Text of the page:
Corporate Earnings on Record Pace (CAT, BA)

With earnings season about half complete, let’s take a look at how companies’ first quarter of the year is shaping up.
Of the  companies in the S&P 500 that have reported earnings to date, 83% of reported results above analyst expectations according to Thomson Reuters. If the trend continues, and the quarter ends with 83% of companies beating estimates, it will mark the best quarter for the S&P 500 since at least 1994 (when the data started being tracked). 

Overall, companies are reporting earnings that are an average of 21% above estimates — well above the long-term surprise factor of 2% and the -4% surprise factor recorded over the prior eight quarters. Since January 1, the sectors with the highest dollar-level increase in earnings have been the financials (+$9.1 billion), information technology (+$4.2 billion), and consumer discretionary (+$2.4 billion). 

The revenue picture also looks good: 69% of the S&P 500 companies that have reported to date have beat revenue expectations; 31% reported revenues below expectations. Overall, revenues are beating expectations by 3%. 

Looking ahead, stocks in the aggregate don’t look expensive. The forward four-quarter price-to-earnings ratio for the S&P 500 stands at 13.8 — which is below the average of 14.7 seen over the last 52 weeks. Skeptics can say what they will about the technically overbought nature of the stock market; the fact is that the huge 80% rally out of the March 2009 low is fully justified based on the fundamentals.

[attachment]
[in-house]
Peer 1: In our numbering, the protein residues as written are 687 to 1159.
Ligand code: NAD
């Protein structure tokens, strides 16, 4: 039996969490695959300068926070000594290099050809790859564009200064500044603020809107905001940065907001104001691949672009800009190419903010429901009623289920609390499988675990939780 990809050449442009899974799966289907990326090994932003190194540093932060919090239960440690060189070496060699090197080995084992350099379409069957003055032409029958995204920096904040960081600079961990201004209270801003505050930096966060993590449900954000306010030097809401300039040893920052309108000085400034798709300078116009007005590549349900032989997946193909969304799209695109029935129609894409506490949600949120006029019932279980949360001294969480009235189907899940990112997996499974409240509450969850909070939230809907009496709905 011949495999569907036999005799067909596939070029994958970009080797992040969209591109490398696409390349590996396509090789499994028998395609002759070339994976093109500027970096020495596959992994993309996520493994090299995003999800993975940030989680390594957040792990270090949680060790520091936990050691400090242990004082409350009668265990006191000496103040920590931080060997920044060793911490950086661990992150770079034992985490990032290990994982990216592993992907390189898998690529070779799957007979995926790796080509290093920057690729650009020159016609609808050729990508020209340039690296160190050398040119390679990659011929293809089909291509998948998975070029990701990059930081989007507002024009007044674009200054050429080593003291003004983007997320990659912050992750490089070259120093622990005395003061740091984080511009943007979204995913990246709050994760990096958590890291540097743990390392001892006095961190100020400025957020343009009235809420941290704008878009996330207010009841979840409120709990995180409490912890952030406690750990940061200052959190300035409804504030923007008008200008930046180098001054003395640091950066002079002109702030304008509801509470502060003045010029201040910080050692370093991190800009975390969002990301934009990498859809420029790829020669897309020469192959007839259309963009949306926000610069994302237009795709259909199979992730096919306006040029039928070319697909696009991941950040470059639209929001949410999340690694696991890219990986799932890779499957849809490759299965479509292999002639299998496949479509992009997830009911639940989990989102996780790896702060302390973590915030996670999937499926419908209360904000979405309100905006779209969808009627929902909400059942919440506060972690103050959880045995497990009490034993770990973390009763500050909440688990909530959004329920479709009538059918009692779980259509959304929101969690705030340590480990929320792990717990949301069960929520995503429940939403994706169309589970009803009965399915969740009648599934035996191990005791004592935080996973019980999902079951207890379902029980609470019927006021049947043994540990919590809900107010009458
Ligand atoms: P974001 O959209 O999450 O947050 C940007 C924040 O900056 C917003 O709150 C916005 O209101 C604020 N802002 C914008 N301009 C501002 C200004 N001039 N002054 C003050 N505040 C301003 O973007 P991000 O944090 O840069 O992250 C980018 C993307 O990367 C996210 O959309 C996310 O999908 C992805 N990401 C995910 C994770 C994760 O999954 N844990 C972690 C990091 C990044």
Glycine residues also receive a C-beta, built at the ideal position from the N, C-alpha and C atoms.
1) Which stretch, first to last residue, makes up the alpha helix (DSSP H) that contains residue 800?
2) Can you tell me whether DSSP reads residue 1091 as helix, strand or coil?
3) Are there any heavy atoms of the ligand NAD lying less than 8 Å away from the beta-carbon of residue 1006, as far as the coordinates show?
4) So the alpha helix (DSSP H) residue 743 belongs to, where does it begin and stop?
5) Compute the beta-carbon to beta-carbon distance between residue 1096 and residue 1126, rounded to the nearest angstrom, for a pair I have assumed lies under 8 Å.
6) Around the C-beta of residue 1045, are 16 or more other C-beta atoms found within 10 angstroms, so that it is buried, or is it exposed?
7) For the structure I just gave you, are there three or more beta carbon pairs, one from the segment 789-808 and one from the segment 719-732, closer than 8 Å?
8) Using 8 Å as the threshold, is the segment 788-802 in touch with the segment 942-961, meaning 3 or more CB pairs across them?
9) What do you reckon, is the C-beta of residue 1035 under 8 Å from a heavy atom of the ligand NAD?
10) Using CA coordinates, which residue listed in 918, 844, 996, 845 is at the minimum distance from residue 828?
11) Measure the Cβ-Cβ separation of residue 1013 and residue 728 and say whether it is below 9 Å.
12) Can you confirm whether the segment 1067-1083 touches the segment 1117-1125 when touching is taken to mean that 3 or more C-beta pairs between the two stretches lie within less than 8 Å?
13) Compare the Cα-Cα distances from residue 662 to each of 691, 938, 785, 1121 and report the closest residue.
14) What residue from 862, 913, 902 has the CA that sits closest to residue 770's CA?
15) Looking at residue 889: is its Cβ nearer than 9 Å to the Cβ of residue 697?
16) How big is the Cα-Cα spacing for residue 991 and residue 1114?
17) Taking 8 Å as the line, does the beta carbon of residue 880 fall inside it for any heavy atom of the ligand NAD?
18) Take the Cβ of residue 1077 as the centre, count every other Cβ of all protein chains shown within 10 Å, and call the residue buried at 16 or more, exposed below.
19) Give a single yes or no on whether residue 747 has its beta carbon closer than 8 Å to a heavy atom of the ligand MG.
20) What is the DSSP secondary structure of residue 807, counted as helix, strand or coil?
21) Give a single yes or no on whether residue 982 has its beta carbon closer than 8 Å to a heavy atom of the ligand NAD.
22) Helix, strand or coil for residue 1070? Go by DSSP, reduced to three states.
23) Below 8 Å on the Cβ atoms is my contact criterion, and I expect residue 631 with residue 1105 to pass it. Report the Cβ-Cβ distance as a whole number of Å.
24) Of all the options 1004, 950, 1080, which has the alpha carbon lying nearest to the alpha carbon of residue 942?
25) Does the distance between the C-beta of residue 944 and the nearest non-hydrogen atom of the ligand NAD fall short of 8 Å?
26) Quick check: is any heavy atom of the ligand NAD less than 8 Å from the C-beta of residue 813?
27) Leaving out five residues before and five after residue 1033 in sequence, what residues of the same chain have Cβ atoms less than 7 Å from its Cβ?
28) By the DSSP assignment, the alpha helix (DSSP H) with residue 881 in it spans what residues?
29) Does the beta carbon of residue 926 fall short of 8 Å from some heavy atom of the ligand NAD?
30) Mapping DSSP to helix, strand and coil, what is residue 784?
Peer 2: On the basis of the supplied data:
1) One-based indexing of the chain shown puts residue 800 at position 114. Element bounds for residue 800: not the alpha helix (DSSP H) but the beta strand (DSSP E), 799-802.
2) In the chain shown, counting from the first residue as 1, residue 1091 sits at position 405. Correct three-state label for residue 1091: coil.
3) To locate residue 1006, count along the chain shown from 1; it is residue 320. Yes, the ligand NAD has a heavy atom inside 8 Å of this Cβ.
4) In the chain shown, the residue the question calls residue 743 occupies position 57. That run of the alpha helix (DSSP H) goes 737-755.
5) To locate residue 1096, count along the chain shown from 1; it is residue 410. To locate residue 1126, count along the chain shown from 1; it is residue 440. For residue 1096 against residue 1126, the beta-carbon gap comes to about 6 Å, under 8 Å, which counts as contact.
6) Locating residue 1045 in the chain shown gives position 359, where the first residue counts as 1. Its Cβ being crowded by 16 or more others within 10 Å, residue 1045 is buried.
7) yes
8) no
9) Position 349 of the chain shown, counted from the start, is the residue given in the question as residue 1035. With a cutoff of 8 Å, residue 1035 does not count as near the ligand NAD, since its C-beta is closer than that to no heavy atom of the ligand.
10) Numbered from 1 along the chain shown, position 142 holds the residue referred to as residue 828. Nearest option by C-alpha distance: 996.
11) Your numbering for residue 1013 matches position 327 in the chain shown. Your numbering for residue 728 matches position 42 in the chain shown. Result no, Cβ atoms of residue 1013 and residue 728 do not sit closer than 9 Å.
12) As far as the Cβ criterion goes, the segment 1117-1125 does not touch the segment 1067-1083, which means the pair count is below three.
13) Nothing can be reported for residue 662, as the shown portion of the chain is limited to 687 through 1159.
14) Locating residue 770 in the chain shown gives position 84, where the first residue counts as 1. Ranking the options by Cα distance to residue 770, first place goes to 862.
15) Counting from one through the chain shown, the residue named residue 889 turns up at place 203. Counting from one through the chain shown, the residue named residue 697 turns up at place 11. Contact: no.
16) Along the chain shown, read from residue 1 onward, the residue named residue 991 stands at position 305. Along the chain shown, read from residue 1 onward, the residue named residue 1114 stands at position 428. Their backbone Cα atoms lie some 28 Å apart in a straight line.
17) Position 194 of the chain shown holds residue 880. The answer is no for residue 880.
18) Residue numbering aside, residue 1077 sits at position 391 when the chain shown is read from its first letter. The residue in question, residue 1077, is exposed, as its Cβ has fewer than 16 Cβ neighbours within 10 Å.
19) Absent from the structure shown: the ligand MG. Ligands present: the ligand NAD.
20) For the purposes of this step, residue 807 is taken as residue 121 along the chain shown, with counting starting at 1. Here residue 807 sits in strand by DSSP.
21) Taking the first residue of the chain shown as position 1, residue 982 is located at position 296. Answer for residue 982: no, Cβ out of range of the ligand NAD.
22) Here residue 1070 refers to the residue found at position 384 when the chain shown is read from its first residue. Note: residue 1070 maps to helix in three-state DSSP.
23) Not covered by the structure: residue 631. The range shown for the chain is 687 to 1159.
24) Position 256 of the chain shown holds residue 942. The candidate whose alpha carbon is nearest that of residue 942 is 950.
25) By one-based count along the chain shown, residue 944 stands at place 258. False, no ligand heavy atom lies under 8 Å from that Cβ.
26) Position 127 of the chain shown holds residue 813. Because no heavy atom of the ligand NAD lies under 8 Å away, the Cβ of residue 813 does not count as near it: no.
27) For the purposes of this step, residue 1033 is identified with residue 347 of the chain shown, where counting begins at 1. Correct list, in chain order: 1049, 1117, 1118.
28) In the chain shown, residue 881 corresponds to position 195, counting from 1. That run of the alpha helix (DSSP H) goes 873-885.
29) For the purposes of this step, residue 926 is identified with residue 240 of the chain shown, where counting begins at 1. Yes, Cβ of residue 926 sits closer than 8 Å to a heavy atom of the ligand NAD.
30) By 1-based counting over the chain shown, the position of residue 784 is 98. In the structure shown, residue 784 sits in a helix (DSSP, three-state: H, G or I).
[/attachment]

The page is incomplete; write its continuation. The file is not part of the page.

It’s as if the stock market were a video game character that has to pass through various checkpoints to get new “health points” that maintain its strength. Every time now that it passes through the gantlet of earnings of announcements, its “life force” gains energy that propels it forward more strongly than ever.

Moreover, with the labor market on the verge of a hiring boom, with leading economic indicators still flashing green, and companies slimmed down, profitability is poised for another big boost as revenues move higher. It’s the concept of operating leverage: Companies like Caterpillar Inc. (NYSE: CAT) and The Boeing Company (NYSE: BA) have big expensive factories and machinery that are billed against revenue each quarter regardless of whether they are actually producing anything. So when production actually ramps up, earnings can grow much faster than revenue. 

In short: Corporate profits are set to rise for a long time even if interest rates begin to slowly rise. Stock prices will follow after the current correction is complete.

For more ideas along these lines, check out my Trader’s Advantage and Strategic Advantage newsletters.

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